On Friday, the German team led by Elisabeth Seitz was surprised by his outfit: not a mini dress, but a full-body suit. Fits modern gymnastics. Girls under 16 are slowly giving way to women 18 and older.
At the start of the all-around final for Europe, one by one of 24 gymnasts, the example of the German clothing revolution demonstrated itself. Commander Elizabeth Seitz appeared on Friday afternoon in a full-body, full-body suit, with black legs at the ankles and a multicolored bodice.
Behind Seitz, Dutchman Lake Weavers skated down Jakobhalle Square in a plain blue toilet, the size of a bathing suit, the official name being “leotard.” When the German followed, she fixed the fabric on her buttocks with her right hand. It’s just called mode. It’s a familiar feat in women’s gymnastics.
All gymnasts, no matter how confident they are on the floor, crossbar or bridge, constantly wear clothes that slide away from the buttocks after great effort. Sticky sticks aren’t enough to make the pants stick to the skin. And the depiction of gymnasts doing the splits, former champion Verona van de Loer complained in her autobiography, is distasteful to some.
The suit, which was suddenly seen two years ago at the World Cup in Baku with Azerbaijani Marina Nekrasova, who did not want to insult her Muslim country, caused a sensation at the European Championships in Basel. A protest against sexism will be at the pinnacle of this women’s sport. Others said this only served to distract attention from current problems in German gymnastics: the investigation into the abusive behavior of Chemnitzer head coach Gabi Friese, who was accused by dozens of gymnasts, who was also discredited Gerrit Biltmann in Holland at Olympia. appointed Stutzpunkt.
Lake Weavers just asked Seitz before taking up his position at the Swiss Palace of Sports. Why was Ellie wearing this unusual suit? Because she found it comfortable. And yes, you should feel comfortable in the body and in sports. I have never seen such a suit in our sport. It should suit you. It’s a topic I’m not really drawn to.
Weavers, who is extremely agile in her famous floor exercises, considers gymnastics a “beauty sport.” “With your legs showing, this creates beautiful body lines when doing gymnastics.” You won’t let the suit fit her. Many people feel the same about her, she suspects after a survey in the catacombs that has not been conducted. Fellow Naomi Visser agrees that looking at and eventually buying such a shimmering garment is one of the greatest pleasures in a young gymnast’s life.
However, the Netherlands is the country that wants an international revolution in gymnastics clothing. Young players who feel uncomfortable in simple swimwear used as competition clothing are allowed to wear shorts in the Netherlands. This led to a points deduction, a discriminatory rule, which progressive director Mareke van der Plas of the Gymnastics Association, KNGU, set aside.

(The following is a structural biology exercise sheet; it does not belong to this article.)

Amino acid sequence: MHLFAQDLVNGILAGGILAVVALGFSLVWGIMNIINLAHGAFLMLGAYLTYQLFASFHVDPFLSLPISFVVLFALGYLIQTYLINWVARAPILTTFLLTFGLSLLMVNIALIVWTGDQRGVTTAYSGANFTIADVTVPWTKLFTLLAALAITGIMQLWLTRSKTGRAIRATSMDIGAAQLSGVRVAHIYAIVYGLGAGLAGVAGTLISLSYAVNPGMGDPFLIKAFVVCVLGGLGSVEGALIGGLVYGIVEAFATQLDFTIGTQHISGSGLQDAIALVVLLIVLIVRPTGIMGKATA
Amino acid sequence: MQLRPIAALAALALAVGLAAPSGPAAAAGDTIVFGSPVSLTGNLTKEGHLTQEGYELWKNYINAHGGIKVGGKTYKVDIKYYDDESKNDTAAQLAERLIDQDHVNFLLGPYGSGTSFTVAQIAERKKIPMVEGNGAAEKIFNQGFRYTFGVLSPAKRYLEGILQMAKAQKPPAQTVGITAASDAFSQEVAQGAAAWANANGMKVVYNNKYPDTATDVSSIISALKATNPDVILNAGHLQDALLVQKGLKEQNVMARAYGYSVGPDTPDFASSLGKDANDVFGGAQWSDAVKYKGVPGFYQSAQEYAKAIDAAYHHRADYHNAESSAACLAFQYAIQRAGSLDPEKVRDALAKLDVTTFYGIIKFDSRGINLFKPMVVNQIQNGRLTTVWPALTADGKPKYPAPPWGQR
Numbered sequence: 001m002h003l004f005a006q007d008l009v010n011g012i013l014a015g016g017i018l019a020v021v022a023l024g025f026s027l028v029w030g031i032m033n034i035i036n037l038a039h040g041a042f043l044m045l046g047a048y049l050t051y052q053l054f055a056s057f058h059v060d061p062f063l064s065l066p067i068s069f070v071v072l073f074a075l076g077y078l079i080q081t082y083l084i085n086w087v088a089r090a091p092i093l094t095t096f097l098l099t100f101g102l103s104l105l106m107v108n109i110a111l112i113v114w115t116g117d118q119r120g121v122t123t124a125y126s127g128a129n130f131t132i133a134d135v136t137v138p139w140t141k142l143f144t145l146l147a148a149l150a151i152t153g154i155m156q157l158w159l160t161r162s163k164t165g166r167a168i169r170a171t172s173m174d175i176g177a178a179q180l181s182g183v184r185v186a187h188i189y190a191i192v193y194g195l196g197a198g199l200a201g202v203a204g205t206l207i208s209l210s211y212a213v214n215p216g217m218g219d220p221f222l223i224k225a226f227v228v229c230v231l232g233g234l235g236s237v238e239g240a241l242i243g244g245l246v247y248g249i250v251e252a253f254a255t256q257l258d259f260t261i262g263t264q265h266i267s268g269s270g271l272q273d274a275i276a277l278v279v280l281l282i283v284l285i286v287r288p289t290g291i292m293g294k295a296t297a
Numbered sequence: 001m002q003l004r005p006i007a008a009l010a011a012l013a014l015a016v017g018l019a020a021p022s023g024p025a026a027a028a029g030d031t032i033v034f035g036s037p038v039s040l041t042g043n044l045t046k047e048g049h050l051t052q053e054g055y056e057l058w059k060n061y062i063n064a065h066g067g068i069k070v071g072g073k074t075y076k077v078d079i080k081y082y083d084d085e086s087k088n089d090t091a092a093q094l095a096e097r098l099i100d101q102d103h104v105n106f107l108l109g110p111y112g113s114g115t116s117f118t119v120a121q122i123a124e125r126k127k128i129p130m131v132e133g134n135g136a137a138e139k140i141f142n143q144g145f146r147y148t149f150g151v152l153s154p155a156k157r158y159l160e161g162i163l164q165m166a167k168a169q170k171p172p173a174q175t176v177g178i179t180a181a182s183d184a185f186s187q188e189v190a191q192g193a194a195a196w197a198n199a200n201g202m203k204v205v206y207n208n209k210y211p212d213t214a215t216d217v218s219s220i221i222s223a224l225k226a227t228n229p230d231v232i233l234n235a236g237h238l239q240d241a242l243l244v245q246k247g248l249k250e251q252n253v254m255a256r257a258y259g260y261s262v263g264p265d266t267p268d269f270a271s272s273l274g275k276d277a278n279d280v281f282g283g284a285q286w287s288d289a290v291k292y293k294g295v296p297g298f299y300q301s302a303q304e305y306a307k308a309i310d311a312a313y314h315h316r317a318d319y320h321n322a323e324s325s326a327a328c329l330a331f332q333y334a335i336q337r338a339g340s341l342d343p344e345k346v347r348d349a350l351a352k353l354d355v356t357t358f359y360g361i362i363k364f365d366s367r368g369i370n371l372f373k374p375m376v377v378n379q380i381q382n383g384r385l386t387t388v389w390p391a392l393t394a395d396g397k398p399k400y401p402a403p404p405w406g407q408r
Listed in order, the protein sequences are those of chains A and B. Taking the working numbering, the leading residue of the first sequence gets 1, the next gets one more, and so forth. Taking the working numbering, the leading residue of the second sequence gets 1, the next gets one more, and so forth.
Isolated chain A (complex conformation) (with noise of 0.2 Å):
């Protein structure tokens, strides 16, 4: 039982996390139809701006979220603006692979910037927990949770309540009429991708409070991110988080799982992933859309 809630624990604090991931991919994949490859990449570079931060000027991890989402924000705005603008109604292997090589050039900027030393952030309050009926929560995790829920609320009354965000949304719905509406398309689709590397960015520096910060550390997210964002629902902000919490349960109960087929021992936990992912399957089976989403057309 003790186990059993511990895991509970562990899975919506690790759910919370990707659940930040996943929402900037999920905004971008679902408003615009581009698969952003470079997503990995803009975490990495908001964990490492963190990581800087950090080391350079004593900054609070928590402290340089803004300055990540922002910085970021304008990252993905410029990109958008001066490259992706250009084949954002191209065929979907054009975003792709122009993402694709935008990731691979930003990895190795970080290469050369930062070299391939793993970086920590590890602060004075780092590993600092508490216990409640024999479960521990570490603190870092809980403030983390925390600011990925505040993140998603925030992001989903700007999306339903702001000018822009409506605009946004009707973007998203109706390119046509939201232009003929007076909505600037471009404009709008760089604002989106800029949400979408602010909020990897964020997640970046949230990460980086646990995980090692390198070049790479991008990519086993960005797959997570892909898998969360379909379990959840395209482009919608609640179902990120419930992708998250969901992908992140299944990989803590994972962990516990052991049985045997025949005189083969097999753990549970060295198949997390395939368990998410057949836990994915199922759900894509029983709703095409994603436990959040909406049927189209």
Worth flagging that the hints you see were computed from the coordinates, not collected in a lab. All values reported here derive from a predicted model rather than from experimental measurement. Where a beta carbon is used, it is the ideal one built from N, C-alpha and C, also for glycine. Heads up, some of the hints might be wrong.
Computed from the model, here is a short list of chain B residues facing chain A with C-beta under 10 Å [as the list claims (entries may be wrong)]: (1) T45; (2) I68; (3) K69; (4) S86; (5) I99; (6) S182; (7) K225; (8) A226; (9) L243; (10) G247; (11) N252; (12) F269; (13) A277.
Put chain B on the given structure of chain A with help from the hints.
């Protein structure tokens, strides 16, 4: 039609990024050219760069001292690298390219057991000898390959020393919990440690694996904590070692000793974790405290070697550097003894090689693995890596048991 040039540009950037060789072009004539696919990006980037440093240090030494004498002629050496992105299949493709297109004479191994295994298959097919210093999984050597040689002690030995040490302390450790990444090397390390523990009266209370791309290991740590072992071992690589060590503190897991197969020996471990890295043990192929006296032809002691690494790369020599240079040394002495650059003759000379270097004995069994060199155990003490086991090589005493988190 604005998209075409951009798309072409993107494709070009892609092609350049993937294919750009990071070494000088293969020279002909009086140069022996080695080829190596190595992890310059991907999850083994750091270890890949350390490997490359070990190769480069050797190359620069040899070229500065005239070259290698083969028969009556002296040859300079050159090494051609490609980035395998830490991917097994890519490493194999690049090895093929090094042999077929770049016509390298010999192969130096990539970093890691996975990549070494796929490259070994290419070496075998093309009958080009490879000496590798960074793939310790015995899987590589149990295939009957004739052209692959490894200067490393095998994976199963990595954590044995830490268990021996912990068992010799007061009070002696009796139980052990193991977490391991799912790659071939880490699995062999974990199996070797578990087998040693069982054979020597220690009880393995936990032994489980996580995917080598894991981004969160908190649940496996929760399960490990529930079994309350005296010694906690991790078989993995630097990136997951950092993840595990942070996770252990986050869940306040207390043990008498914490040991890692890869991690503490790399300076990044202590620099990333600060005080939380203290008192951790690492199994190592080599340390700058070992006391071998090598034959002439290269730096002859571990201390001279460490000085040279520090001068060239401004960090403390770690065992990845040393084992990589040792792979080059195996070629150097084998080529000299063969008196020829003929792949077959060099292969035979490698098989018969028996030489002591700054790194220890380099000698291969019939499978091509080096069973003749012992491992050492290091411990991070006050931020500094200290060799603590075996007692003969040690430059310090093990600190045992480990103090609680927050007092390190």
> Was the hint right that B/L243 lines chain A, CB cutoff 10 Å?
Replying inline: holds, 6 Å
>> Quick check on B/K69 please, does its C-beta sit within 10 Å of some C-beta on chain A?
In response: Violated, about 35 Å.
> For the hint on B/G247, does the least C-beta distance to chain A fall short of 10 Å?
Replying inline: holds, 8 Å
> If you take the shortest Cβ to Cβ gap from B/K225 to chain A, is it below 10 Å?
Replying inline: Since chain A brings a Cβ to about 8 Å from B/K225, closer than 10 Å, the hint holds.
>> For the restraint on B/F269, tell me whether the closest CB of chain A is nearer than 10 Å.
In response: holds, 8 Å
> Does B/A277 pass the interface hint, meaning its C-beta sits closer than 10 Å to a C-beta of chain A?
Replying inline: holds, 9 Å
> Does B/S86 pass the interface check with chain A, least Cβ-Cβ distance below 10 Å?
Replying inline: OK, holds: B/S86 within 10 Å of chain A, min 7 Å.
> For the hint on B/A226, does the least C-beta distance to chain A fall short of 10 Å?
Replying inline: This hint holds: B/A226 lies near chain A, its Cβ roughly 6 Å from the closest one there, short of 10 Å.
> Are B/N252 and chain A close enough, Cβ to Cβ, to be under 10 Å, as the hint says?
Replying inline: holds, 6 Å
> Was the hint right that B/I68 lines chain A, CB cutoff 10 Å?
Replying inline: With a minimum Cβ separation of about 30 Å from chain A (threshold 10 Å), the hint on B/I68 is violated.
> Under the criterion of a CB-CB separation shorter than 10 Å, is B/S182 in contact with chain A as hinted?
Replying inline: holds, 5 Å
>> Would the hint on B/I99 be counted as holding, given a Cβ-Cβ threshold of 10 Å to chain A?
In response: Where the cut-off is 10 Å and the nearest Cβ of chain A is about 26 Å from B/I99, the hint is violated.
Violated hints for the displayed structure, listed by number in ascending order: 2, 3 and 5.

Last year, at an online conference of the World Gymnastics Federation Vig, Van der Plas and colleague Froukje Smits (University of Utrecht) made suggestions to better understand the consequences of wearing the smallest clothes in the gymnastics arena. According to Smiths, the requirements for “desirable femininity and elegance” are emphasized by the current version of the ultra-mini dress.
From the teacher’s point of view, this creates an imbalance between the coach and the pupil. “Clothes make gymnasts weaker in relation to others.” She considers leotards “one of the pillars of gymnastics culture”. Along with her colleagues Knoppers and Jacobs, she wrote the revealing report “Turnonkruid, Mow But Not Weed” in 2015.
The statement by German gymnasts by Smits is a strong signal for change. Now the gymnast is the obedient girl who only later in the career or after career protests against the guidance and treatment she received. In her study of English, Smits talks about the “docile pixie model.”
Obedient fairies nodding yes and amen, which also meet the acrobatic requirements of gymnastics more easily. In this regard, the National Confederation of Trade Unions, together with the unions of six other countries of Western Europe (not Germany), insisted on raising the age of the elderly. Now fifteen-year-old players (the year they turn 16) can compete in the major tournaments.
The Netherlands would like to see an additional two years: 18 is the proposal. Two-time Olympian Celine van Gerner on behalf of the Netherlands addressed the federation’s online meeting with the message that gymnasts should be given time to adulthood, maturity, and only then be judged at the highest level. It is very doubtful whether the World Federation would agree to this. On Friday, at odds with this attitude of the Western world, the all-around championship for Europe fell to a very young, bone-thin Rusin, Victoria Listonova. She’ll just be 16 in a few weeks. Lake Weavers, eighth in the final standings, almost laughed when she was told she was twice the age of the champ.
For now, there has been a little magic about Listonova, the 2019 junior world champion and Olympic medal contender this summer in Tokyo. Because she can participate in it due to the postponement of the games. It was impossible last year. The Russian is similar in body to Nadia Comaneci, who ruled Olympique Montreal in 1976 as a 14-year-old gymnast and thus enforced the ‘small, young and very light’ trend: 1.53 x 45 kilograms was until recently the height and weight of an international gymnast.
Leckie Weavers, 29: Gymnastics is more of a women’s sport these days. We’re going from 16 to 20, where I’m above average. When I competed in the same qualifying group with Listunova on Wednesday, it was like going back in time. This was the old standard. As it was in the past.